Gold and oil were tossed overboard on Tuesday after investors reacted to tough inflation talk from the U.S. Federal Reserve, a surging U.S. dollar and a new forecast for decreasing oil consumption in the United States.
Crude oil fell to $131.31 (U.S.) a barrel in afternoon trading, down $3.04. The shift occurred around the same time that the U.S. Energy Department reported that high energy prices are affecting consumption more than expected in the industrialized world, in a process known as demand destruction. The Energy Department cut its forecast for U.S. oil consumption in 2008 by 240,000 barrels a day, a notable shift given that the department said just last month that consumption would remain unchanged.
Gold fell to $866.68 an ounce, down $27.22 or 2.9 per cent, its steepest drop in percentage terms since the start of April, after investors grew concerned that the Federal Reserve could raise its key interest rate this year to head off the threat of inflation and give some life to the U.S. dollar. The greenback didn't do much against the Canadian dollar, but it surged 1.2 per cent against the euro, the biggest one-day rise in about six weeks.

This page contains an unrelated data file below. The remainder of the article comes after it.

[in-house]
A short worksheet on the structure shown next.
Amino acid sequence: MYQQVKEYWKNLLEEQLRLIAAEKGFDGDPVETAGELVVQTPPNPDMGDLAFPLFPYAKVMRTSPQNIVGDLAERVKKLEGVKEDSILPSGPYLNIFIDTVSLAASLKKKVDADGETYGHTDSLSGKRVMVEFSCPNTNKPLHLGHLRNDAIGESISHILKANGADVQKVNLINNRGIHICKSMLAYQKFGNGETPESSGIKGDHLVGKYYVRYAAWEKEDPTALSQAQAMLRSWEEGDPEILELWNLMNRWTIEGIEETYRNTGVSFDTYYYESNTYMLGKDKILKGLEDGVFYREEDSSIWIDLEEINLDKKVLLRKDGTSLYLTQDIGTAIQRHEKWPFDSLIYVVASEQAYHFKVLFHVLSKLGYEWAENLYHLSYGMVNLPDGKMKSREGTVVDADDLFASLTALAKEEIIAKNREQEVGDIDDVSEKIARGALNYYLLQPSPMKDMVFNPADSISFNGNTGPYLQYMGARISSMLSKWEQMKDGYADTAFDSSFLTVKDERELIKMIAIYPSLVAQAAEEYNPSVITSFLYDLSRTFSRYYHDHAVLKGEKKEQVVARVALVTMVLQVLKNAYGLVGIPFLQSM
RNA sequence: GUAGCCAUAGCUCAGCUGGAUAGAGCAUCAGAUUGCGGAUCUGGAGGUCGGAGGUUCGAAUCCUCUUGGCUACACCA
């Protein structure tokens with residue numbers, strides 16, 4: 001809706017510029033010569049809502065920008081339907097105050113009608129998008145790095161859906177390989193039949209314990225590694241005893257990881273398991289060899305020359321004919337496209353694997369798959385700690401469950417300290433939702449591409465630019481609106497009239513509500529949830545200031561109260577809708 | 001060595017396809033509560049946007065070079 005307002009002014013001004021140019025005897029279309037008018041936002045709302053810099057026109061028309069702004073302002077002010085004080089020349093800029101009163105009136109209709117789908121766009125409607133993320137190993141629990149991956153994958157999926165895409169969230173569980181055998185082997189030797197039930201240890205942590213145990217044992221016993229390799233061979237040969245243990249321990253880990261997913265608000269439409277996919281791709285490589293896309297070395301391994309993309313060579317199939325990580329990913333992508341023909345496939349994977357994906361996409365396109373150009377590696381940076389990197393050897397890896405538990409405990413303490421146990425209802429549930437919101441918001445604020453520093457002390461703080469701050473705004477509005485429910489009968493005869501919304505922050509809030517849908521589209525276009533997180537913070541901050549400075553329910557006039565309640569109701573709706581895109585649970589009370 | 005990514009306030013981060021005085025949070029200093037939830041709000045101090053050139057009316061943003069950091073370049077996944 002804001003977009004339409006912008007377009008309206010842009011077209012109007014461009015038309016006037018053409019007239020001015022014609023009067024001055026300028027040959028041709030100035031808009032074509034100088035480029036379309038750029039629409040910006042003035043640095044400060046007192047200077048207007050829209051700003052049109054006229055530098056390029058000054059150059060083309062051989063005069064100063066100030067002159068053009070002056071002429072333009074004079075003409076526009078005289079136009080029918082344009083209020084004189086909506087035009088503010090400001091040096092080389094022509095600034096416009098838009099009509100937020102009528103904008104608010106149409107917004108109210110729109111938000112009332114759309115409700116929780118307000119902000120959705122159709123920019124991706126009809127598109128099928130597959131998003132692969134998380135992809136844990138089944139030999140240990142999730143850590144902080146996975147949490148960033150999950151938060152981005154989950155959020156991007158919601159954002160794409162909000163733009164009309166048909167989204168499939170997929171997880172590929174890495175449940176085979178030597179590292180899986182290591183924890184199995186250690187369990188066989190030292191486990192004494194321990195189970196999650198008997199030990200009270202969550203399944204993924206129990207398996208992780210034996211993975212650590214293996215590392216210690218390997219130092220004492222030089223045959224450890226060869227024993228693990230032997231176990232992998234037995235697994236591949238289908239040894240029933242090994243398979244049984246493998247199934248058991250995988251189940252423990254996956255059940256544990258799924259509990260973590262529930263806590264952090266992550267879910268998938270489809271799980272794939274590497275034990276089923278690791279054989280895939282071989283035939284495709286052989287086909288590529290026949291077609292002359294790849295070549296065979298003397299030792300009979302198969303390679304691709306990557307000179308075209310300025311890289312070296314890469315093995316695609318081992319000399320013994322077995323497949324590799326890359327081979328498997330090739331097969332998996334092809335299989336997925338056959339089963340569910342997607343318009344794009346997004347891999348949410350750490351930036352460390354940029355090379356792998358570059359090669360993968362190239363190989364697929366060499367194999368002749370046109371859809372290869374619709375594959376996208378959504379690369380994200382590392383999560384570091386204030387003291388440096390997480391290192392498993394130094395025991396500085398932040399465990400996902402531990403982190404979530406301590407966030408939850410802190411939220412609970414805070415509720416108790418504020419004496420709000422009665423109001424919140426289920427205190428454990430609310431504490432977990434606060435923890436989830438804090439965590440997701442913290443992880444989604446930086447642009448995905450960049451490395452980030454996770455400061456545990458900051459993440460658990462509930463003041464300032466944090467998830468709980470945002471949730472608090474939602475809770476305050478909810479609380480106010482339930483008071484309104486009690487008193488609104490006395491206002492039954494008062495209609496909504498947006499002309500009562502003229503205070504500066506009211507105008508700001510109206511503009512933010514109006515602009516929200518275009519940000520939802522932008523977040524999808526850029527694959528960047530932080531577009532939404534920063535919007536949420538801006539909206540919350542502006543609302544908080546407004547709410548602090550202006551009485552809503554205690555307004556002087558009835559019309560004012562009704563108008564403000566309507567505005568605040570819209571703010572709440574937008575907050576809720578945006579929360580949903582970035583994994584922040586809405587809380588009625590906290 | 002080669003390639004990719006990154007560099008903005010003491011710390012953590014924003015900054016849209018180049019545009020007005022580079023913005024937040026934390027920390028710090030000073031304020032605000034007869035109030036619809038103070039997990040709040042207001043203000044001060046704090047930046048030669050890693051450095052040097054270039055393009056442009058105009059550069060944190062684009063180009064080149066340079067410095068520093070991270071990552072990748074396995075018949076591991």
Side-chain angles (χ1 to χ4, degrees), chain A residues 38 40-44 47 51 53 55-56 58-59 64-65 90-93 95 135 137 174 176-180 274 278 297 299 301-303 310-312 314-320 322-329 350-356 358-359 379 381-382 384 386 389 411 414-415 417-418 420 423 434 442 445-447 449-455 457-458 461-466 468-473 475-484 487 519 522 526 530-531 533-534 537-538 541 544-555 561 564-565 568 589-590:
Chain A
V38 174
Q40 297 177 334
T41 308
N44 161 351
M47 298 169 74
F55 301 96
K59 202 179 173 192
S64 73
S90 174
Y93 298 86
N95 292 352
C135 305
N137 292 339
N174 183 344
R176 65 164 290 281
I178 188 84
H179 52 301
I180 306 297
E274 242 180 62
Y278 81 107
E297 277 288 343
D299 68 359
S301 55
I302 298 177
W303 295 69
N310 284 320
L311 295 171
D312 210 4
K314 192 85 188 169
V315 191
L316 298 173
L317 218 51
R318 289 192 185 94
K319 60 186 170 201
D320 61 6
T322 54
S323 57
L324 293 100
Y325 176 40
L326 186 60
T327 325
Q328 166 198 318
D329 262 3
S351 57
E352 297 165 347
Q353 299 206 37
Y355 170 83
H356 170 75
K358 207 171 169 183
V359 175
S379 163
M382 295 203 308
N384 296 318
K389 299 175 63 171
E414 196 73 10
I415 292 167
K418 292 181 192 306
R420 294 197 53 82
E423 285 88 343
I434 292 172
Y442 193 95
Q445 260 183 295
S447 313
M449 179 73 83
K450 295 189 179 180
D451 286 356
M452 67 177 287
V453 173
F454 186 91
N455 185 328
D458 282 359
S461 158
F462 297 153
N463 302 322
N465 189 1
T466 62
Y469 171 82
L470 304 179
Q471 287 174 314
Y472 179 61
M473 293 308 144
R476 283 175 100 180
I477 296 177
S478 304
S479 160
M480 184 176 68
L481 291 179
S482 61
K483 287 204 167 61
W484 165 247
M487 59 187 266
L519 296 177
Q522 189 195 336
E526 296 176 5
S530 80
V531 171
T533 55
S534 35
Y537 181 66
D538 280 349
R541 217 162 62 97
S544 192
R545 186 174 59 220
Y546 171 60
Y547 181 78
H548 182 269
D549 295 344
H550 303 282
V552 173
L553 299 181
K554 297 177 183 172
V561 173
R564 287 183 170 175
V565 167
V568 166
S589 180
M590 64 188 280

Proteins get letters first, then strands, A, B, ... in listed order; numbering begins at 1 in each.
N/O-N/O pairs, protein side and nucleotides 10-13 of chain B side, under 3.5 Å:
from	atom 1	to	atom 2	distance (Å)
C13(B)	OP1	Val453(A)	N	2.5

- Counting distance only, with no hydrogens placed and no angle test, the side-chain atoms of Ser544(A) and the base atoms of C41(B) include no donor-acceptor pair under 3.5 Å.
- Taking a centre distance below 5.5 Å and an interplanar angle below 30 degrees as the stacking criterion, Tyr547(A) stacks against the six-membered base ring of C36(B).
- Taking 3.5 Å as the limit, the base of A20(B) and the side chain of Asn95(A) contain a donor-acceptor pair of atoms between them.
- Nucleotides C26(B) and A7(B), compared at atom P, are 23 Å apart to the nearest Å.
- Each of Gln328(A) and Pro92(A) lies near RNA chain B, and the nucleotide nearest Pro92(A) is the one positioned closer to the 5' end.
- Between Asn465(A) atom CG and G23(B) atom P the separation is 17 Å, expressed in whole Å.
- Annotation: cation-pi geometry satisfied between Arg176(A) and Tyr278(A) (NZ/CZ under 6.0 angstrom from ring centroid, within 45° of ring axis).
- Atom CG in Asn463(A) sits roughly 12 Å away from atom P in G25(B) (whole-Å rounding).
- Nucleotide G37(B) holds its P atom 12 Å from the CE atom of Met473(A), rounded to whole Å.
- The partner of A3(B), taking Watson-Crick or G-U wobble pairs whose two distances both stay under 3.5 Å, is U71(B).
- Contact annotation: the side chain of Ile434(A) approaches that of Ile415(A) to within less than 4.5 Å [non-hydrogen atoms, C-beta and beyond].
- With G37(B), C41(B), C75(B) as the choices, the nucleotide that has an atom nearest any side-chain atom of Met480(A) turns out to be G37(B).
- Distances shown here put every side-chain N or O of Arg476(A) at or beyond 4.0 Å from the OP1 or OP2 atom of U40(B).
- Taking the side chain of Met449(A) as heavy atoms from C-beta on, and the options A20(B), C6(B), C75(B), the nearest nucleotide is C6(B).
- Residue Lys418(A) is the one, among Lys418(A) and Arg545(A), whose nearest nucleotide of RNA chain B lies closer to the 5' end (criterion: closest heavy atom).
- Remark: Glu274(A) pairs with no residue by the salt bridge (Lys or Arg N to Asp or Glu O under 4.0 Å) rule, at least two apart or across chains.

The commodity-heavy S&P/TSX composite index closed at 14,736.20, down 224.56 points or 1.5 per cent. The index was weighed down by materials stocks, which plunged 3.7 per cent, the biggest drop since the end of April. In particlar, Barrick Gold Corp. fell 6.6 per cent. Energy stocks fell 2.4 per cent, with Suncor Energy Inc. tumbling 3.8 per cent. Financials were flat.
The Dow Jones industrial average closed at 12,289.76, up 9.44 points or less than 0.1 per cent. The broader S&P 500 closed at 1358.44, down 3.32 points or 0.2 per cent. Exxon Mobil Corp. and Chevron Corp. were the biggest drags, falling 1.3 per cent and 2.4 per cent, respectively. On the upside, Coca-Cola Co. rose 3.9 per cent after an analyst at Deutsche Bank upgraded the stock to a "buy" recommendation. As well, Apple Inc. rose 2.2 per cent on enthusiasm for its new iPhone.